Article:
Instead, that little brat gets about 4 feet from me and goes to a knee. Still full speed. His arm goes back so far I think his knuckles scraped asphalt. And then he unleashes it. The only thing missing was the flaming bird and the kid actually yelling "FALCON!! PUUUNCH"!
While his cosplay was missing some things, his aim did not. The kid managed to nail me in the center mass of my right ball. I screamed in an octave usually reserved for bats and dog whistles, and collapsed in a heap. As I proceeded to teach that child every possible combination of every possible curse word I was dragged back to the employee alleyway I had started from, and they retired the suit for the day.
When I was a young and shy boy, we went to Disney World and at one point we planned on getting some pictures with Mickey and Minnie Mouse. Before we got any pictures taken with them, Minnie apparently took a liking to me and started pointing to me and blowing kisses at me, to which my young self responded by nervously hiding behind my parents' legs.
Seeing this, she then walked over and attempted to hug me which caused me to sprint away, but she ran after me with her arms still held out for a hug! We didn’t go overly far, and on return, my mom managed to get me to give Minnie a hug with some persuasion. Every so often, the time Minnie Mouse fell in love with me and chased me around Disney World comes up at the dinner table again. At the time I was terrified but looking back, that is actually a really wholesome memory that I have.
I worked in guest services at a new aquarium after high school. I was too tall for the octopus mascot suit, but my best friend wasn't. I did get to hang out with him outside the aquarium as a guard, to make sure nothing crazy happened, I guess.
It was hot, but he had a fan inside the costume, but it made it harder to hear so I had to semi-yell at him "on your left" when kids came from other directions he couldn't see.
One time he turned too fast—and I paid a brutal price. He put his arm up the heavy wire mesh tentacle hit me right in the balls and put me on my knees. I couldn't breathe and only remember the bricks on the sidewalk looking pink, not red. He didn't know anything had happened so the tentacle hit me in the head before a nice bystander helped me up and started walking me back to the aquarium entrance. I've never iced my crotch before or since, but it helped.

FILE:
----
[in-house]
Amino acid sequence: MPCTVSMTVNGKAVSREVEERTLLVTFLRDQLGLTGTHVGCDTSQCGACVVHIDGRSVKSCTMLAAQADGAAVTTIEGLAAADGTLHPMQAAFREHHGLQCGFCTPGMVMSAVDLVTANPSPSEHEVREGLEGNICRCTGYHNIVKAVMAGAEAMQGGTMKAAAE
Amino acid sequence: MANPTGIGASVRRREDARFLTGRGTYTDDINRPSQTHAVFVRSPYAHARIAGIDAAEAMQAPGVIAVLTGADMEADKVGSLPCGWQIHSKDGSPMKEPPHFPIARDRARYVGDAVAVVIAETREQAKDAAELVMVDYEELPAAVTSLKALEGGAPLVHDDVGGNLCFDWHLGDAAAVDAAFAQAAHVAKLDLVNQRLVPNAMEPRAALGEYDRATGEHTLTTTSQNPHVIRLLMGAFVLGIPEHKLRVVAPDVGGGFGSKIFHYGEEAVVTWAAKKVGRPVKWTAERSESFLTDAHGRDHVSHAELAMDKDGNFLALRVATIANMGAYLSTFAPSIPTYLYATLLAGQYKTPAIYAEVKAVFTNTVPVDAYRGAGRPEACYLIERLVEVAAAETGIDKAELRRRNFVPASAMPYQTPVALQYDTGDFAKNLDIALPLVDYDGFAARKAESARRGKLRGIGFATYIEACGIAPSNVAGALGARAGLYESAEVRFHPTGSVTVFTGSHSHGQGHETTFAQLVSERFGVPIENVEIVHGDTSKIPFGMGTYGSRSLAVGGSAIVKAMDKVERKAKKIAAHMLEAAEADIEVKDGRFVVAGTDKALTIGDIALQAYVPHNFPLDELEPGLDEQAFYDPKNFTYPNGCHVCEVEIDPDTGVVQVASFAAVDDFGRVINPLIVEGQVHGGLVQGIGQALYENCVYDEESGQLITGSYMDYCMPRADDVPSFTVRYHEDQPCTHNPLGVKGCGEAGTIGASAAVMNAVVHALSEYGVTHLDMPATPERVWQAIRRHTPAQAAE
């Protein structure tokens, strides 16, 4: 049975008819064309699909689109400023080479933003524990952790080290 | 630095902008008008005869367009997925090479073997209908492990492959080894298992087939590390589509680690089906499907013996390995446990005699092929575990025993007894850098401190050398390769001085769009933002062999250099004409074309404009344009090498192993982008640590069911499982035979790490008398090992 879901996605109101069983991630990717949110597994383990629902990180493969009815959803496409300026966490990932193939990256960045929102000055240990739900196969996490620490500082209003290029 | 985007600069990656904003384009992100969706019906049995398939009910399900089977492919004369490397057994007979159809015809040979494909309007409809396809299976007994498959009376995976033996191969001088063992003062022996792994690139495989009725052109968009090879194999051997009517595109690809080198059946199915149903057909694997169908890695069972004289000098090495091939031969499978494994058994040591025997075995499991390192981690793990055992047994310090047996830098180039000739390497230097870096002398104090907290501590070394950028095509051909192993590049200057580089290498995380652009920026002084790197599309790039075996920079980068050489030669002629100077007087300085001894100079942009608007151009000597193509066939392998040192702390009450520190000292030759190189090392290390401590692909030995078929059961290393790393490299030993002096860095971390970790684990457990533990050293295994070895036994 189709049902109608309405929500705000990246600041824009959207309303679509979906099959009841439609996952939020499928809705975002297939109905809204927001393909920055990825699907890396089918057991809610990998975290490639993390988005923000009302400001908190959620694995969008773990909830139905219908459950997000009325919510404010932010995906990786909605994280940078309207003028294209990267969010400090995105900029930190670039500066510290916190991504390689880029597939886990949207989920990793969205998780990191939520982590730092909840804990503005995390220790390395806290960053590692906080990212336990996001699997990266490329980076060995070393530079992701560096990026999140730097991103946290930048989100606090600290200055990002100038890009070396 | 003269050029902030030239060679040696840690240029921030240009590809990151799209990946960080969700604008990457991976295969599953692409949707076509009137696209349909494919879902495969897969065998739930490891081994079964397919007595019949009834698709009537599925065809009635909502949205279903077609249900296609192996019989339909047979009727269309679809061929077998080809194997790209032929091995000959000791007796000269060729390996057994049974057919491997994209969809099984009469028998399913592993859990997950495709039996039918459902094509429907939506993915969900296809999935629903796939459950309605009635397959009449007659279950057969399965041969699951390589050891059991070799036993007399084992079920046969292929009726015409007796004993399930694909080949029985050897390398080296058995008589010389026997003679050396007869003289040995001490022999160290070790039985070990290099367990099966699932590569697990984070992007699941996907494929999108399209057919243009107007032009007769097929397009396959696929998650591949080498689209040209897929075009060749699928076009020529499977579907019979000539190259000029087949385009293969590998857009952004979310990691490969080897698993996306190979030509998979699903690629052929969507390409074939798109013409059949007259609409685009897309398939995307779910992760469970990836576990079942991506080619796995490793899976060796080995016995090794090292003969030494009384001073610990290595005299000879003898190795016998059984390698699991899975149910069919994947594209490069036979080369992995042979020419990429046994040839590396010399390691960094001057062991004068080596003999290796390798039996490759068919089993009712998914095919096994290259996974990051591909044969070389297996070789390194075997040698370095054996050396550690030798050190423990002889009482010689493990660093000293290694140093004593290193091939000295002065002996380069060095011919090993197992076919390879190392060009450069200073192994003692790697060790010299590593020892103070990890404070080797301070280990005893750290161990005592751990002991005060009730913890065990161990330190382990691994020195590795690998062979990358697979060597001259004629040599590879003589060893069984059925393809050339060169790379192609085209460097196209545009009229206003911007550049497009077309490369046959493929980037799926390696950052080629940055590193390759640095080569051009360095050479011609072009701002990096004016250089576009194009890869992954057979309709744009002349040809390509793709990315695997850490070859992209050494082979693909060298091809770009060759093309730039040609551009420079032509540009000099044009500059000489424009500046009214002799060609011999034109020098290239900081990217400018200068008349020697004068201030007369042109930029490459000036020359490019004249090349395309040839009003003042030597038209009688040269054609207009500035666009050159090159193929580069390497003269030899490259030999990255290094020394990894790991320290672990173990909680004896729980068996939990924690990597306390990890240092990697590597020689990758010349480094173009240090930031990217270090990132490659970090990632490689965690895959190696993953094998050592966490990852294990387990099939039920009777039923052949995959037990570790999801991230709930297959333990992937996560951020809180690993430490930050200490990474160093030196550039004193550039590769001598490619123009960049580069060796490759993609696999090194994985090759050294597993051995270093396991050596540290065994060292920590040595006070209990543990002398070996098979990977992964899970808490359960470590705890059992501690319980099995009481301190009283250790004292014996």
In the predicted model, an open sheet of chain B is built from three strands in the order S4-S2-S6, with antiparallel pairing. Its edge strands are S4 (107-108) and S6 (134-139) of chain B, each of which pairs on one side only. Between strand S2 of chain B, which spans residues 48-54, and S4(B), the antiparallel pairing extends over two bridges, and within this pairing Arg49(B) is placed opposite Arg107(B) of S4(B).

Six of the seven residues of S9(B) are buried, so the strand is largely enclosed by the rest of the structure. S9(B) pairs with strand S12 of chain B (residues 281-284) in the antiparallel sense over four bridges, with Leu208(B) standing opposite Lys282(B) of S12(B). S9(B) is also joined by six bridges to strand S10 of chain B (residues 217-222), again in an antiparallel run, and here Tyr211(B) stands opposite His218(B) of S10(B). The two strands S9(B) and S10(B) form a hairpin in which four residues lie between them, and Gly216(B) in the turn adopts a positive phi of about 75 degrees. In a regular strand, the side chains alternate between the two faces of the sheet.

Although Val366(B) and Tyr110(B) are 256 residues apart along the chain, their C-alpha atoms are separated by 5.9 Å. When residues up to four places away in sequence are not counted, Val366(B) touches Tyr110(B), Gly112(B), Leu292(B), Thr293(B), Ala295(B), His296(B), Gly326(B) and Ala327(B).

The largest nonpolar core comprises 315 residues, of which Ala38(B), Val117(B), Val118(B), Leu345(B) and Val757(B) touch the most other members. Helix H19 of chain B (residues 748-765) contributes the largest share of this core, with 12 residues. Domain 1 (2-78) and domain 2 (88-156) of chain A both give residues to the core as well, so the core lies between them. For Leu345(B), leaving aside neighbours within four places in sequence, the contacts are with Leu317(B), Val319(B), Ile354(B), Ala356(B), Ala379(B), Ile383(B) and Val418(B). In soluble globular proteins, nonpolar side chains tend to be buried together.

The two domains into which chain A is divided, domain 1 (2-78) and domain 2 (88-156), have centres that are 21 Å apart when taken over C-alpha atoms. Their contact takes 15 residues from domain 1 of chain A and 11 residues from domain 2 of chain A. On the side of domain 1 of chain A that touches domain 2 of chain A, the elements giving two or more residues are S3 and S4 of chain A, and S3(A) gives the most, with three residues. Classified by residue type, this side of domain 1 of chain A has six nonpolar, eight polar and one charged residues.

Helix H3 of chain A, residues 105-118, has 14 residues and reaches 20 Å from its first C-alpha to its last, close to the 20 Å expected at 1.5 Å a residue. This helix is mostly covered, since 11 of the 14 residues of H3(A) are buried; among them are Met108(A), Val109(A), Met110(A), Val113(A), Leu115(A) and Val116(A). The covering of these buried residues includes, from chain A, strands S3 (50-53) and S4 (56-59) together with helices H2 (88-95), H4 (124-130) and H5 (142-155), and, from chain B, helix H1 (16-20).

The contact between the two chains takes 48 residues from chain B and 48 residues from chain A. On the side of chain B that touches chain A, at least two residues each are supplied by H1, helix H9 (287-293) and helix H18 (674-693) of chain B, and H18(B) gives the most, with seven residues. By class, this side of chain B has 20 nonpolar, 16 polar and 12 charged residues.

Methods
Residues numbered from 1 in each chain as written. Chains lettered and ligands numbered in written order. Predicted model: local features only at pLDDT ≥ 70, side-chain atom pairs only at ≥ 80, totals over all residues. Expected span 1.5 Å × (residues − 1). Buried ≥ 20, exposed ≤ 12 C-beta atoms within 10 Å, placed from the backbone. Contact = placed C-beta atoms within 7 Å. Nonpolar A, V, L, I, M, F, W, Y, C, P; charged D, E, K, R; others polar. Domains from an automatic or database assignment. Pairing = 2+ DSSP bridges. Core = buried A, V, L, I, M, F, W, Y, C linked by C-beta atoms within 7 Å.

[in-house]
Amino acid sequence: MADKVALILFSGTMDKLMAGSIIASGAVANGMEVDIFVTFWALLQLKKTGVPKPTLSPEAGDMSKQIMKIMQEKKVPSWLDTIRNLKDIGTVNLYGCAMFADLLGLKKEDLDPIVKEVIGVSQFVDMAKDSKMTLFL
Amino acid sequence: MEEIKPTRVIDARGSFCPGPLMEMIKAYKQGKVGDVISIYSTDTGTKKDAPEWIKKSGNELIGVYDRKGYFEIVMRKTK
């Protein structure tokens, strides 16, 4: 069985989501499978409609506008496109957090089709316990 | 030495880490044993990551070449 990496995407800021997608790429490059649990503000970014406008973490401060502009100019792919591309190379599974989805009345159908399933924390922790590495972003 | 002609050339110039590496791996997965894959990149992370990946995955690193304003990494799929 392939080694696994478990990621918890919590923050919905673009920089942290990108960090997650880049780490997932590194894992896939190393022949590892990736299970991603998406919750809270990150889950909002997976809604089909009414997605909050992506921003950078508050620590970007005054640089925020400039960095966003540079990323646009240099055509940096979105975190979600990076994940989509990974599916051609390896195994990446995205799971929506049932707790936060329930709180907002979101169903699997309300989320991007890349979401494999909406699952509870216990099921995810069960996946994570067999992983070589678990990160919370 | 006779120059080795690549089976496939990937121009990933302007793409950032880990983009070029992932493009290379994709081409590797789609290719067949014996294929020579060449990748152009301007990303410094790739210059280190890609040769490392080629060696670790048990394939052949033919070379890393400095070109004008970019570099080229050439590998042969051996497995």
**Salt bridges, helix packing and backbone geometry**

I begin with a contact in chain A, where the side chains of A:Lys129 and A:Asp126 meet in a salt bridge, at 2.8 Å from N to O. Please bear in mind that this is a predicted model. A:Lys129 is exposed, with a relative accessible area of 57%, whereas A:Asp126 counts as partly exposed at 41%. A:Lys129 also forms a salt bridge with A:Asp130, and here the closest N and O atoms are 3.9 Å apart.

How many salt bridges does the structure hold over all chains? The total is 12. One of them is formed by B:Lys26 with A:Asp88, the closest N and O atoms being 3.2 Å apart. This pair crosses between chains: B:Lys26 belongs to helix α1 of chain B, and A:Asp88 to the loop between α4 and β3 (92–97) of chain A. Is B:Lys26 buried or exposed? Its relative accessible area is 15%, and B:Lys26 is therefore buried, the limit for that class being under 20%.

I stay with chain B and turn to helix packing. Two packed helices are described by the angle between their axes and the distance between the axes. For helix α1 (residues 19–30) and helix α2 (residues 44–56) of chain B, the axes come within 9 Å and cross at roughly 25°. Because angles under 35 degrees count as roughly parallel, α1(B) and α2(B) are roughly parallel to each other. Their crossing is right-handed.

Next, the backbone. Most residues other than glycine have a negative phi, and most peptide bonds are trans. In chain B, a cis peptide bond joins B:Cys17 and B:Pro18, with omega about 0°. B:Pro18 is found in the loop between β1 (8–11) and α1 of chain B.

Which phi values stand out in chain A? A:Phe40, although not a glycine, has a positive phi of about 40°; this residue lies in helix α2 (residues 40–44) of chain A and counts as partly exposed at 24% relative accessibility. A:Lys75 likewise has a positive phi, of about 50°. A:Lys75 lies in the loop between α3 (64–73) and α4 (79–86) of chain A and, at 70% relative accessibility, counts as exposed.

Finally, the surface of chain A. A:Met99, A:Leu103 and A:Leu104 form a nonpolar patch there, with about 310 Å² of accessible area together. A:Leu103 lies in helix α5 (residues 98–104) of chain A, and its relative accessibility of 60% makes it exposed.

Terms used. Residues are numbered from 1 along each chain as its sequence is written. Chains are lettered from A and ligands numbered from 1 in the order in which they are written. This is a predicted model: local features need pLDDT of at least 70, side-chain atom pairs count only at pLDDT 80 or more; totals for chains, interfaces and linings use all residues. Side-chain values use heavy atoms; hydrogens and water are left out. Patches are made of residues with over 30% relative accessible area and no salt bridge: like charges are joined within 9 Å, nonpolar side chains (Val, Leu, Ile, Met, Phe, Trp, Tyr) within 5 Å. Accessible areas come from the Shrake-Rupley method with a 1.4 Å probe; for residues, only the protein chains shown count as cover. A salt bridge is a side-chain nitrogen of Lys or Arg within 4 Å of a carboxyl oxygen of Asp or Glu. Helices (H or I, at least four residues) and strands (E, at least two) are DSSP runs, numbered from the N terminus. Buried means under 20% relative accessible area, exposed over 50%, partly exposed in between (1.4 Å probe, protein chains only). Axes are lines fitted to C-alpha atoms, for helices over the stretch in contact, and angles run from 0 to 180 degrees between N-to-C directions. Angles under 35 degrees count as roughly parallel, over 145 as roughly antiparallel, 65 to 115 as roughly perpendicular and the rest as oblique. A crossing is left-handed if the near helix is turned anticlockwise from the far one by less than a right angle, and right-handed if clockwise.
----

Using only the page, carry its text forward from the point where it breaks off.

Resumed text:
My son is neurodivergent and when he was four, all he wanted was to meet Elsa and Baymax. Baymax made him cry and then when he met Elsa, all he wanted to do was talk to her about everything. The handlers tried to move us along understandably as the line was long but this woman literally took the handler’s hand off my son and said, “No, this young man waited to speak to me and he will stay and speak to me until he decides he is done”. I cried. My son hugged her so hard because in that moment a stranger saw him.
I worked at a hotel/resort chain with a wolf as a mascot. Donning the outfit and greeting people at check-in after getting high on break was always a lot of fun.
Once, after a particularly long break, I pulled the suit on, walked into the lobby—and made a jaw-dropping discovery.
We were hosting a convention for little people. The half-hour I spent in a 7-foot wolf costume dapping up little people was one of the most surreal experiences I've ever had.
I was one of the performers for Nick Wilde from Zootopia a few years ago, And if you’re not aware; a large number of people in the furry community find him highly attractive.
You can just imagine the number of people in that community who flirted with me and/or Judy and whispered some pretty suggestive things to us. I think I also had a guy grab Nick’s tie in that flirty way, we had to get him thrown out of the park.
The moral of the story is: don’t be inappropriate with the characters, we are real people underneath and there are legitimate consequences for that kind of behavior.
I was a “mouse height” performer at Disney World around 2013. I can, unfortunately, confirm grabbing happened from time to time and it was incredibly uncomfortable. We were trained to move away if we could and signal to the character attendants to take the guest away if they tried anything—but that’s not the worst thing that happened.
One time some guy thought it appropriate to pick me up completely off the ground in a bear hug. The head pushed back and, because the inside is connected to us with headgear and a chin strap, my neck bent back with it and it hurt like crazy.